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Publishers WeeklyStarred Review.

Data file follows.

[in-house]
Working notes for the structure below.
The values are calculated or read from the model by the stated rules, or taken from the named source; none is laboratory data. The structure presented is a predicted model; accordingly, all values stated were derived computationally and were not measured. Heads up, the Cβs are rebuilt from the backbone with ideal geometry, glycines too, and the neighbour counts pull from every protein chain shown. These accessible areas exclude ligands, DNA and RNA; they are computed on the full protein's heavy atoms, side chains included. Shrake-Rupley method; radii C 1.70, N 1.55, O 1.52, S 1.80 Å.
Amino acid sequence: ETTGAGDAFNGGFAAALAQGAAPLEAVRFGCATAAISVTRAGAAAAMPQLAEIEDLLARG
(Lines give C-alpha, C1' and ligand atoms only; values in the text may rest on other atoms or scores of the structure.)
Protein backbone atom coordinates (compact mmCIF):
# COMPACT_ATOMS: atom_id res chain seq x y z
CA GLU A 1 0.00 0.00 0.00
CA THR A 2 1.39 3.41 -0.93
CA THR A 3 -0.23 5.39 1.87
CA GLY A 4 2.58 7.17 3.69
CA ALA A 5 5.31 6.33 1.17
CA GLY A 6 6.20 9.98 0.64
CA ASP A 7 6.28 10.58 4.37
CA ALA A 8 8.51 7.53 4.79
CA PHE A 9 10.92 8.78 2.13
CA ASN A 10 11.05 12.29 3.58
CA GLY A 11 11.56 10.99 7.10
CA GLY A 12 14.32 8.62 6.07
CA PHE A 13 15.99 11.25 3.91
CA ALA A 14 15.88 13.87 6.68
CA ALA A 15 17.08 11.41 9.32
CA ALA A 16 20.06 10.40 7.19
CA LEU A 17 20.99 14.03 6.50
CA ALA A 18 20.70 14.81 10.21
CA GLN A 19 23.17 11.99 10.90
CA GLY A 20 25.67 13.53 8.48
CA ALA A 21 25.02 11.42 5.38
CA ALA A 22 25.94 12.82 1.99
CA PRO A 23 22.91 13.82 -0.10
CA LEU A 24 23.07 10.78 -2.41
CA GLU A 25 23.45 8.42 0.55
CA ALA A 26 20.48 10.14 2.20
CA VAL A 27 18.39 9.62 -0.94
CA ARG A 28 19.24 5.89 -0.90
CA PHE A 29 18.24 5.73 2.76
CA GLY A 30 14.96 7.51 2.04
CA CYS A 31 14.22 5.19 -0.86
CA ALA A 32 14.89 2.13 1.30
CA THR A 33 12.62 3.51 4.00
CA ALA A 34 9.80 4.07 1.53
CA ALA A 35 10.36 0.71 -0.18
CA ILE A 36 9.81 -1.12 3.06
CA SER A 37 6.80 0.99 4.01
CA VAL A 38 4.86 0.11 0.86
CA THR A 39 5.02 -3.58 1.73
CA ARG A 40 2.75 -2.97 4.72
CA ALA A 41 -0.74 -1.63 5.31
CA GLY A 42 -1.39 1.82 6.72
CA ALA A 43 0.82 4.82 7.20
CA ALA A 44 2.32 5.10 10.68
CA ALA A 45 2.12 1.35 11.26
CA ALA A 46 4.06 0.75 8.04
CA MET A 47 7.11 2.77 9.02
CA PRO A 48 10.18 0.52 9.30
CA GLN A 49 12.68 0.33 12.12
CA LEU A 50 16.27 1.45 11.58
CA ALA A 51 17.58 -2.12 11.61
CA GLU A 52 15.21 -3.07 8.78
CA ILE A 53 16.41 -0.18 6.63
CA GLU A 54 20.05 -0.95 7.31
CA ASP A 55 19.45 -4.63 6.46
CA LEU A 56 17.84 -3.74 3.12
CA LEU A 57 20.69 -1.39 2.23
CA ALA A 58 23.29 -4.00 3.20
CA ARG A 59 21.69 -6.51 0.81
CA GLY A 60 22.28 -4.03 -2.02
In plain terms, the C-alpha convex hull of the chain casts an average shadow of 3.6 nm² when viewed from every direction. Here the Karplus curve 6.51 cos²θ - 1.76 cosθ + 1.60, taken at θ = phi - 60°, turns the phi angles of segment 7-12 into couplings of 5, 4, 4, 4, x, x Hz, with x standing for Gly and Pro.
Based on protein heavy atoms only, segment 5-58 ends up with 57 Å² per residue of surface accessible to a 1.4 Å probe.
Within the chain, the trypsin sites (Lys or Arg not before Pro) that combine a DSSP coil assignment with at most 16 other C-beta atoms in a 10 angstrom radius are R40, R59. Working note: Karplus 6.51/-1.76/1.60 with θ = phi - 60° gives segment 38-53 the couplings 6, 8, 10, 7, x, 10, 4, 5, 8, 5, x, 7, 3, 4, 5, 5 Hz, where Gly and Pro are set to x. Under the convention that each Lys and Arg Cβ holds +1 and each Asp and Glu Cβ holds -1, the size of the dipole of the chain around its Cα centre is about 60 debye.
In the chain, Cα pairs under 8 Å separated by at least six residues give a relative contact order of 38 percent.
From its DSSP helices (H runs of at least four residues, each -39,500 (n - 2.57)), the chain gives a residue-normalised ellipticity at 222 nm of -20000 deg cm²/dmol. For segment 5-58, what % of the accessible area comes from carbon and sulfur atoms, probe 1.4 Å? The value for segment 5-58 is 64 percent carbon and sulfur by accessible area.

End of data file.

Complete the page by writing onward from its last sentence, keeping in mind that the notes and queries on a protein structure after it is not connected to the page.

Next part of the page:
The continuing growth of many major cities worldwide-already very, very big-is an exciting prospect for many reasons but, if left unchecked, is sure to inflict social, economic and environmental trauma. This book focuses on six cities-New York, Shanghai, Mexico City, Berlin, Johannesburg and London-to address, from an urban planning and design perspective, how best they can deal. Loaded with data and vivid images, the authors present essays from a number of sources looking at key social issues in each city (Shanghai's rapid urban transformation, Apartheid's legacy in Johannesburg) and compare the six cities across a number of axes, including areas of relative social disadvantage and subway length. Sudjic's impressive "Governing the Ungovernable" sees in London's building boom "a unique opportunity to see the tensions and fault lines between... a centralized vision and laissez-faire." Some essays are a bit less enlightening, but the tome coheres beautifully around a plethora of photos with extended captions, finding both chaos and potential in a blissfully green park in Shanghai, an endlessly repeating housing project in Mexico City and a busy corner in the Sourth Bronx. This sprawling introduction to the challenges of contemporary urban planning should fascinate students and technically-minded city dwellers. 1,500 color and 400 b/w illustrations.
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